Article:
Now, however, Mr Trump appears to be cutting into her advantage. Many polls show the race tightening, and a few give the Republican nominee a slight lead.
If the numbers stay close heading into election day, there’s the possibility that the polls could be understating Mr Trump’s support enough for him to end up on top. For instance current survey models could be downplaying the turnout of white male voters – a key demographic for the Republican candidate.
There’s also the possibility that respondents are unwilling or embarrassed to tell pollsters they support Trump – an American version of the “shy Tory” phenomenon that powered John Major to re-election as British prime minister in 1992 (and may have resurfaced in 2015’s general election and the Brexit vote).
Hillary’s fear: Four years ago Republicans, from presidential nominee Mitt Romney on down, believed the election eve polls were biased against them. It turned out the numbers were largely spot on, and Mr Obama cruised to re-election. Since then, however, there have been some glaring misses – in Canada, the UK and several US primary races. Much to Mrs Clinton’s dismay, off-kilter polls would be far from the most surprising development in this presidential election season.
Mr Trump made headlines in August when he warned that the election could be rigged against him. While his fears centred on vague allegations of potential voter fraud, Mrs Clinton has a different source for her election-day concerns – nefarious digital saboteurs.
While talking to reporters on her campaign plane on Sunday, she compared recently hacked Democratic committee emails to a modern-day Watergate break-in. The risk to the US electoral system could be greater than just purloined communications, however.
The FBI has found evidence that hackers have breached state-based electoral databases in Illinois and Arizona. It issued a warning to US election officials to upgrade their security protocols and be vigilant against future cyber-attacks.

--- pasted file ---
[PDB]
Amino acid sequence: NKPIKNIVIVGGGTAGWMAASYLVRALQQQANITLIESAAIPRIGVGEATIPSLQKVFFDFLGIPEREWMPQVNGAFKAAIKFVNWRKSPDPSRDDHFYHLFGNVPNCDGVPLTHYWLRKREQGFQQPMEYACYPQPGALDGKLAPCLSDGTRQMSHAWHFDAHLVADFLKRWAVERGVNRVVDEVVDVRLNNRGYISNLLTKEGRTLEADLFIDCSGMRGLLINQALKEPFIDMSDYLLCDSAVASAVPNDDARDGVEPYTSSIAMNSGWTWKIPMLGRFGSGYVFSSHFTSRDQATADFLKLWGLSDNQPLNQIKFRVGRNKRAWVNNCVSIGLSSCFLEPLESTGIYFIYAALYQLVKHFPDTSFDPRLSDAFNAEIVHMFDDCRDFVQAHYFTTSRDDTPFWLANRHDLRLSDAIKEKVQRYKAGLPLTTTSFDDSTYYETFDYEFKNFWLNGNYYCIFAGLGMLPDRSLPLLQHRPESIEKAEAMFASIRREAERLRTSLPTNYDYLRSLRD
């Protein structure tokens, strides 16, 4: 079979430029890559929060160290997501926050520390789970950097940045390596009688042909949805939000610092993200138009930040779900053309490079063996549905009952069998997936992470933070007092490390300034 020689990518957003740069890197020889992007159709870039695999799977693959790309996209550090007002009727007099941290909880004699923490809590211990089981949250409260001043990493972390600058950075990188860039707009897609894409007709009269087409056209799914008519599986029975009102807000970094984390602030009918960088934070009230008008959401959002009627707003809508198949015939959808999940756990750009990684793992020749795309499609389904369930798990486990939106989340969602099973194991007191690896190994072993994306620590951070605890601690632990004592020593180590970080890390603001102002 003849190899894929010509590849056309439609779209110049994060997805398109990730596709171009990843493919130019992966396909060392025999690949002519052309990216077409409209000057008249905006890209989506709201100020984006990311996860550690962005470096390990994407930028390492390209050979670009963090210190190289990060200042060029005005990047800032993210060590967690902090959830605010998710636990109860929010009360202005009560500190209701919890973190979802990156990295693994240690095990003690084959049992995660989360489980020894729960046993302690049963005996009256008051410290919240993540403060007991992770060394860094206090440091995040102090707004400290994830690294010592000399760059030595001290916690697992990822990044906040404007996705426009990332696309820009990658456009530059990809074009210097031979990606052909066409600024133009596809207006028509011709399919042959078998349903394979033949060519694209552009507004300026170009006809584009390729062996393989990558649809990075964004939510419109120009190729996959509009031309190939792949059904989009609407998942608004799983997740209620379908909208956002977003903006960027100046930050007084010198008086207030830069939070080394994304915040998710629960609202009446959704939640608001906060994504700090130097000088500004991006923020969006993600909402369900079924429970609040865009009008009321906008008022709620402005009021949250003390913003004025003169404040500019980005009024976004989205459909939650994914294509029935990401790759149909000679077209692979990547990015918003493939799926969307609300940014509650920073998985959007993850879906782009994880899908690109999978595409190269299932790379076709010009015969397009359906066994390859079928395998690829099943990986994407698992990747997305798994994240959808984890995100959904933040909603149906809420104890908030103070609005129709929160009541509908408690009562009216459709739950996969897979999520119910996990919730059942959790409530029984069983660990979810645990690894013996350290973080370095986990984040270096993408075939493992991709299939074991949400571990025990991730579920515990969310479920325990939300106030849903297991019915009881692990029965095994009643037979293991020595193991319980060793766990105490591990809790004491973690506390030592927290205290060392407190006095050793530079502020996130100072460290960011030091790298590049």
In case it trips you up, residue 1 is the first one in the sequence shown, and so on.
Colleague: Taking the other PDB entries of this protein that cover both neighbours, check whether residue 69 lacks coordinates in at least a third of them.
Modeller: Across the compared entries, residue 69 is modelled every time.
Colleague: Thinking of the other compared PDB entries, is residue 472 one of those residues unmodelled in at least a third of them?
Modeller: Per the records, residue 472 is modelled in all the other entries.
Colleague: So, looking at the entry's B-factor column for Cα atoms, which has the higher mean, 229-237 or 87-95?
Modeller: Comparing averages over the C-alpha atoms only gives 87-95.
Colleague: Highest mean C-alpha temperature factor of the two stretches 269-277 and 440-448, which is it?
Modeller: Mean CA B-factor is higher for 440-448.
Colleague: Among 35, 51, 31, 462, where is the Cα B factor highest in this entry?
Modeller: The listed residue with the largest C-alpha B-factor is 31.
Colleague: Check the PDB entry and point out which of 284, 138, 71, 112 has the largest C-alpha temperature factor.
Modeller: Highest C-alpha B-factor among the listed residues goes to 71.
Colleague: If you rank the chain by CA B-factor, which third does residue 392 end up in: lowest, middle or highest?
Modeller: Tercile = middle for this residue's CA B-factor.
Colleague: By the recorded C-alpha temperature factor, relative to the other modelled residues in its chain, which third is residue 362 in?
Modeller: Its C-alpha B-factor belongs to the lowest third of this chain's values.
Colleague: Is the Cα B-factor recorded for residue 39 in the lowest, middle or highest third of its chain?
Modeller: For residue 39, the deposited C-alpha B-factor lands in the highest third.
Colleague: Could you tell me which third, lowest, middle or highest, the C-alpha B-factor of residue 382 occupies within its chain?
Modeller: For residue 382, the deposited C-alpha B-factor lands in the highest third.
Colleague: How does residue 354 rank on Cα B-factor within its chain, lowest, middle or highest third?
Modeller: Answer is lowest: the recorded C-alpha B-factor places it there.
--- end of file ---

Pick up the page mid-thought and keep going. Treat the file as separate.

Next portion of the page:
Although it would be extremely difficult for a hostile actor to surreptitiously alter the outcome of a US presidential election, even a handful of questionable results in key precincts could be enough to cast the entire election results in doubt.
Hillary’s fear: Given the patchwork nature of US electoral systems, each managed by state and local officials, ensuring airtight security is nearly impossible. Against a determined foe, there may be no way to prevent an electoral doomsday scenario that turns a clear-cut Clinton victory into a legal morass. That’s not just a Clinton nightmare scenario, it’s a national one.
The three presidential debates, the first of which is scheduled for 26 September, are a huge opportunity for Mrs Clinton to draw contrasts with Mr Trump on knowledge and experience – but they also have the potential for disaster.
The audience for these debates will likely be huge, rivalling the 70 million who tuned in for the highly anticipated vice-presidential showdown between Joe Biden and Sarah Palin in 2008 – or even the record-setting 80 million for the 1980 presidential debate featuring Ronald Reagan, Jimmy Carter and independent candidate John Anderson.
Mr Trump is an unconventional debater, but as he demonstrated in 11 Republican primary face-offs, he can be a wily opponent. While he was often thin on details, he had a showman’s skill on the stage and kept his opponents off balance.
As the unpolished outsider, Mr Trump will enter the debates with lower expectations than career politician Clinton. If he acquits himself well, he could convince reluctant voters to come over to his side.
Hillary’s fear: John Weaver, Ohio Governor John Kasich’s campaign strategist, famously compared the Republican primary debates to a car race where one driver was intoxicated. For Mrs Clinton the presidential showdowns will be more like a boxing match with late-career Mike Tyson. She may feel confident in the ring with Mr Trump, but there’s no telling what he might do.